At a local level, Ahwazi Arabs and South Azerbaijanis used their hometown football teams, such as Foolad Ahwaz Football Club and Tractor Sazi Football Club, as a tool for counter-ethnic hegemonic struggle. By showcasing elements symbolising their linguistic, cultural, and ethnic identity, they aimed to challenge their marginalisation within Iran’s diverse society. By chanting Arabic and Turkish slogans and advocating for national and ethnic rights, fans of these teams found a channel for expressing themselves where democratic opportunities were lacking. This allowed them to celebrate symbolic victories and voice frustration over their social, economic, and political circumstances. While they couldn’t engage in political campaigning for their national identity, the Ahwazi and Azerbaijani youth fans viewed their teams as embodiments of cultural resistance and representation. Regarded as symbols of oppressed identity and ethnicity, Ahwazi Arab and Azerbaijani youth fans used football as a means to display their suppressed national identities.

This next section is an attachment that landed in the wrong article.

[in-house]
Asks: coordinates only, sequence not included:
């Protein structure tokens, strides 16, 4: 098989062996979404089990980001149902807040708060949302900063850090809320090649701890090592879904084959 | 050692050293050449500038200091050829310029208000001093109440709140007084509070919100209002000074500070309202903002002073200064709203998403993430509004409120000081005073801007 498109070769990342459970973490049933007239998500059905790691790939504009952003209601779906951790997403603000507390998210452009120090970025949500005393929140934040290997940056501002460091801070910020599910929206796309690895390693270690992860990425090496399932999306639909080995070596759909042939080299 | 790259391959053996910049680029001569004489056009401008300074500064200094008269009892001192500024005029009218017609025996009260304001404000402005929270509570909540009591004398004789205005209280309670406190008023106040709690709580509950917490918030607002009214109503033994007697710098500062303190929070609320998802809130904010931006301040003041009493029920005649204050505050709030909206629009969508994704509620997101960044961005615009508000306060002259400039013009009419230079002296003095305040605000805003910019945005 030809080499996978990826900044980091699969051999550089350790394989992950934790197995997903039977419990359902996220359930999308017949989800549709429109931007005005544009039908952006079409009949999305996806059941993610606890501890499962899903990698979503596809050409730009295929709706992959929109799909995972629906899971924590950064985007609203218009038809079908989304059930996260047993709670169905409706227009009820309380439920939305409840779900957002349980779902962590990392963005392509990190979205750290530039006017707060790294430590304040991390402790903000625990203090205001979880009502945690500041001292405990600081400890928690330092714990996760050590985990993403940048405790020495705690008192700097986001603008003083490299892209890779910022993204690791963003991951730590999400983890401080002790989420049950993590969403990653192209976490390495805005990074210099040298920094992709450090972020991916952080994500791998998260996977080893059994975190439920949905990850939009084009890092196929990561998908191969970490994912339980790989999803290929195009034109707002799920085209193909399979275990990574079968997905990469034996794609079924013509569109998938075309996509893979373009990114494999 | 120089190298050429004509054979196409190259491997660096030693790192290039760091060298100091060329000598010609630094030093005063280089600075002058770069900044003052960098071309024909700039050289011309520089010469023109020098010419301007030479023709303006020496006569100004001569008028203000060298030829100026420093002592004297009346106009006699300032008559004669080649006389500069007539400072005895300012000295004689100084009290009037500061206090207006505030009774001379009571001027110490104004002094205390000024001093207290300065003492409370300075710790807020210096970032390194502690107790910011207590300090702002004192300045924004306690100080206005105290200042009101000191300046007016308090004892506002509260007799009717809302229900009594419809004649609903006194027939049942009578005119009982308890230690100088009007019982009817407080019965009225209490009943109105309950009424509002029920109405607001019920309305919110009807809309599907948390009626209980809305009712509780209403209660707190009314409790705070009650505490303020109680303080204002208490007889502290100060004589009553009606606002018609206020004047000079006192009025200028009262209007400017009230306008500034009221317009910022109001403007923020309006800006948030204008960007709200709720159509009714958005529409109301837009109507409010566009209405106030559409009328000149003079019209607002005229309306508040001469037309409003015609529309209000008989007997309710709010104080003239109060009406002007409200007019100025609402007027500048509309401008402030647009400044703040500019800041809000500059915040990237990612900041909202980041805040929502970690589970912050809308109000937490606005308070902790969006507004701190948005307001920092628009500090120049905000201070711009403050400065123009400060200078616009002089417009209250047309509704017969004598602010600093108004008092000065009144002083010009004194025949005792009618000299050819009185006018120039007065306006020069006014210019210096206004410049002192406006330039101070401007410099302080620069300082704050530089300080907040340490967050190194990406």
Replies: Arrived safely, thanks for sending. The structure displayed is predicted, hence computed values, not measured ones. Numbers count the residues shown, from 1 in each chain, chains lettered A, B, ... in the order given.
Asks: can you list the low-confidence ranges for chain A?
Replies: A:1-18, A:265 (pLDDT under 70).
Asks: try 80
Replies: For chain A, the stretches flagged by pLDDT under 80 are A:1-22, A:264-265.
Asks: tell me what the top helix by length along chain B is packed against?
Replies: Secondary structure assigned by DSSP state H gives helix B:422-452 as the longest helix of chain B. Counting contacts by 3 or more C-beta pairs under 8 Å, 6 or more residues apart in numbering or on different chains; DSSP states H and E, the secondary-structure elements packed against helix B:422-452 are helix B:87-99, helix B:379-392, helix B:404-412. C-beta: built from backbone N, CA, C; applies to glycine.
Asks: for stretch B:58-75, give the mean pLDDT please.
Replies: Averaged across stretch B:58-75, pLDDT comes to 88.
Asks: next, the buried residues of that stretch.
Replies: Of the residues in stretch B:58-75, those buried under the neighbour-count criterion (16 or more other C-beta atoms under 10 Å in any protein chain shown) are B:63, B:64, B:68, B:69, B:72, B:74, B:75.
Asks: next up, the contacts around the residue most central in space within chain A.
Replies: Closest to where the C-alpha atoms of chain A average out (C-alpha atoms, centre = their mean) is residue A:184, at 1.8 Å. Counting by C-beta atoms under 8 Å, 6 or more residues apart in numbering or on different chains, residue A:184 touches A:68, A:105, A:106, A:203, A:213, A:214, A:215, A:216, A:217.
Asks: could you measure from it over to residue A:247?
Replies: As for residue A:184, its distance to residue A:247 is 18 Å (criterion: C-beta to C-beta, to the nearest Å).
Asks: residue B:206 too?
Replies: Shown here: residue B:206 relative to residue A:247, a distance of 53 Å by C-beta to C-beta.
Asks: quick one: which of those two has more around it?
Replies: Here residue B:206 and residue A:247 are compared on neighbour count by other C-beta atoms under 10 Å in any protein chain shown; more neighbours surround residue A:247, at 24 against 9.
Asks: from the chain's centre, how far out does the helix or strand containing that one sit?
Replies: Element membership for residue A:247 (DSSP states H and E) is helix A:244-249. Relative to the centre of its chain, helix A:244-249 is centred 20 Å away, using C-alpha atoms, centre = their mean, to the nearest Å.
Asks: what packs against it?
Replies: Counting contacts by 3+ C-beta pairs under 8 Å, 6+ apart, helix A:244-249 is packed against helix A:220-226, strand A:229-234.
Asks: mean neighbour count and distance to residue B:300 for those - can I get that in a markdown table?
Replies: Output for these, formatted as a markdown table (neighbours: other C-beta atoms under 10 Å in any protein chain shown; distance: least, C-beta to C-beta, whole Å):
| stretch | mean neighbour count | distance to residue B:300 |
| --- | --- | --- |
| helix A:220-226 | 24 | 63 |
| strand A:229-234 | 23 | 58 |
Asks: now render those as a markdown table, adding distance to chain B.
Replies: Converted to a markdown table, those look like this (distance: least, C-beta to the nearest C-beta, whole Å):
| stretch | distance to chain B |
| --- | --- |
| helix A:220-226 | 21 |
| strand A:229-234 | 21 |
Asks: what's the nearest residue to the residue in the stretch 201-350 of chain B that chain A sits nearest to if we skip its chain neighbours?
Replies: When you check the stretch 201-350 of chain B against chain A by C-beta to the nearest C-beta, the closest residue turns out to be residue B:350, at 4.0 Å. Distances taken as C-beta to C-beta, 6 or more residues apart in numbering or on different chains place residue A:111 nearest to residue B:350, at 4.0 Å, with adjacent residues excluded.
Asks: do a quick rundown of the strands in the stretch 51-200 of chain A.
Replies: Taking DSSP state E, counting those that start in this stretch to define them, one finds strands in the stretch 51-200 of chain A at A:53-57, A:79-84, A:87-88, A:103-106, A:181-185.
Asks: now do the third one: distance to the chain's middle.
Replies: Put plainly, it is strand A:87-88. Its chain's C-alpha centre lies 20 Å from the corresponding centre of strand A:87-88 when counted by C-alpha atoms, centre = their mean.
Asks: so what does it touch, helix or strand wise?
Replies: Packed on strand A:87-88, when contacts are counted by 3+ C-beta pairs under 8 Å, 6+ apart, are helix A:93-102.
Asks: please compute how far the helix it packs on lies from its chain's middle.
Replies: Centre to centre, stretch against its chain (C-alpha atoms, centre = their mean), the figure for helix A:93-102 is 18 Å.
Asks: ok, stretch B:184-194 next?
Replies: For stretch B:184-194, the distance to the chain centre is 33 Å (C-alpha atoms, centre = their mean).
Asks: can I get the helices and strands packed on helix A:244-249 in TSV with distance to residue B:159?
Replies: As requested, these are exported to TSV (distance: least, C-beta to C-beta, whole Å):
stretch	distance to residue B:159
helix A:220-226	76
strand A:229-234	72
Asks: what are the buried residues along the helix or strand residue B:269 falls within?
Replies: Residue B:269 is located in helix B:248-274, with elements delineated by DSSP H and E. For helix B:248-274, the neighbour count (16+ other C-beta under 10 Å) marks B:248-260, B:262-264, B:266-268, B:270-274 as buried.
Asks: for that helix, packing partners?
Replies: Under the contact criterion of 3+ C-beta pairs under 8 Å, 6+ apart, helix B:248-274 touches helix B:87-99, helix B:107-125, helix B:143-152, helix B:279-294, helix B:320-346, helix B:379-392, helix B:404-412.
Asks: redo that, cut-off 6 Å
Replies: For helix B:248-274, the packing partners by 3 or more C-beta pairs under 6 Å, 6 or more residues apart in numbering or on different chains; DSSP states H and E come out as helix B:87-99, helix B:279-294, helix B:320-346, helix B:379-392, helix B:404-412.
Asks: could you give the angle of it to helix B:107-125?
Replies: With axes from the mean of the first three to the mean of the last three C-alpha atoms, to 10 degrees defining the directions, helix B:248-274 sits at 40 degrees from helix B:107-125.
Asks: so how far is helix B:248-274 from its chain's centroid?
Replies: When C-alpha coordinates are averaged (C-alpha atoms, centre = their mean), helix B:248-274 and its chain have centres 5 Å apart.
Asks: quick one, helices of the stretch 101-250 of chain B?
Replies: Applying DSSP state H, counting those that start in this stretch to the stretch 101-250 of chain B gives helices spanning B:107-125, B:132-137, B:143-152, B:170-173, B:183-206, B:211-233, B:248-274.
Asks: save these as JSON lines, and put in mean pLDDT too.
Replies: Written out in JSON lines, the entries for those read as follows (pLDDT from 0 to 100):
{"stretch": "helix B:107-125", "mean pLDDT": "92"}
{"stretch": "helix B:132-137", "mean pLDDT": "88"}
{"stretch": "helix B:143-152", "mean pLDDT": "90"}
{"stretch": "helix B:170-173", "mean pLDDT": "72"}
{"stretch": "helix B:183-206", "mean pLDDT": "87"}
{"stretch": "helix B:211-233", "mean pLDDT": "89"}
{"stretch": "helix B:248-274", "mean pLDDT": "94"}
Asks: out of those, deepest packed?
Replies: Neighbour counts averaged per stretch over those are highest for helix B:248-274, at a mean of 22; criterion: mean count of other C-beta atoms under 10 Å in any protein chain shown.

Babek Chelebi, a South Azerbaijan political rights activist based in Washington, DC, sheds light on the nationalistic bias in Iranian Persian media when it comes to reporting victories and defeats. “The media tends to highlight the Persian aspect in victories while attributing defeats to the entire country, disregarding the contributions of the subordinated non-Persian ethnic minorities. This skewed perspective has fueled dissatisfaction among these minority groups, as it undermines their presence in national accomplishments, spanning across political, economic, cultural, and sporting domains.”


“The phenomenon of Ahwazis and Azerbaijani Turks finding joy in the success of regional Arab football teams over Iranian ones is rooted in the suppression and marginalisation of non-Persian ethnic groups by the Iranian state policies. These historically oppressed minorities see such victories as a statement of their desire for greater representation and acknowledgement within the national narrative, reinforcing their belief that they are not truly part of the Iranian national identity as long as their rights are stifled. Football matches serve as a platform for the non-Persian ethnic minorities to express their broader struggles and aspirations, with triumphs symbolising reclaiming their cultural and ethnic identities.”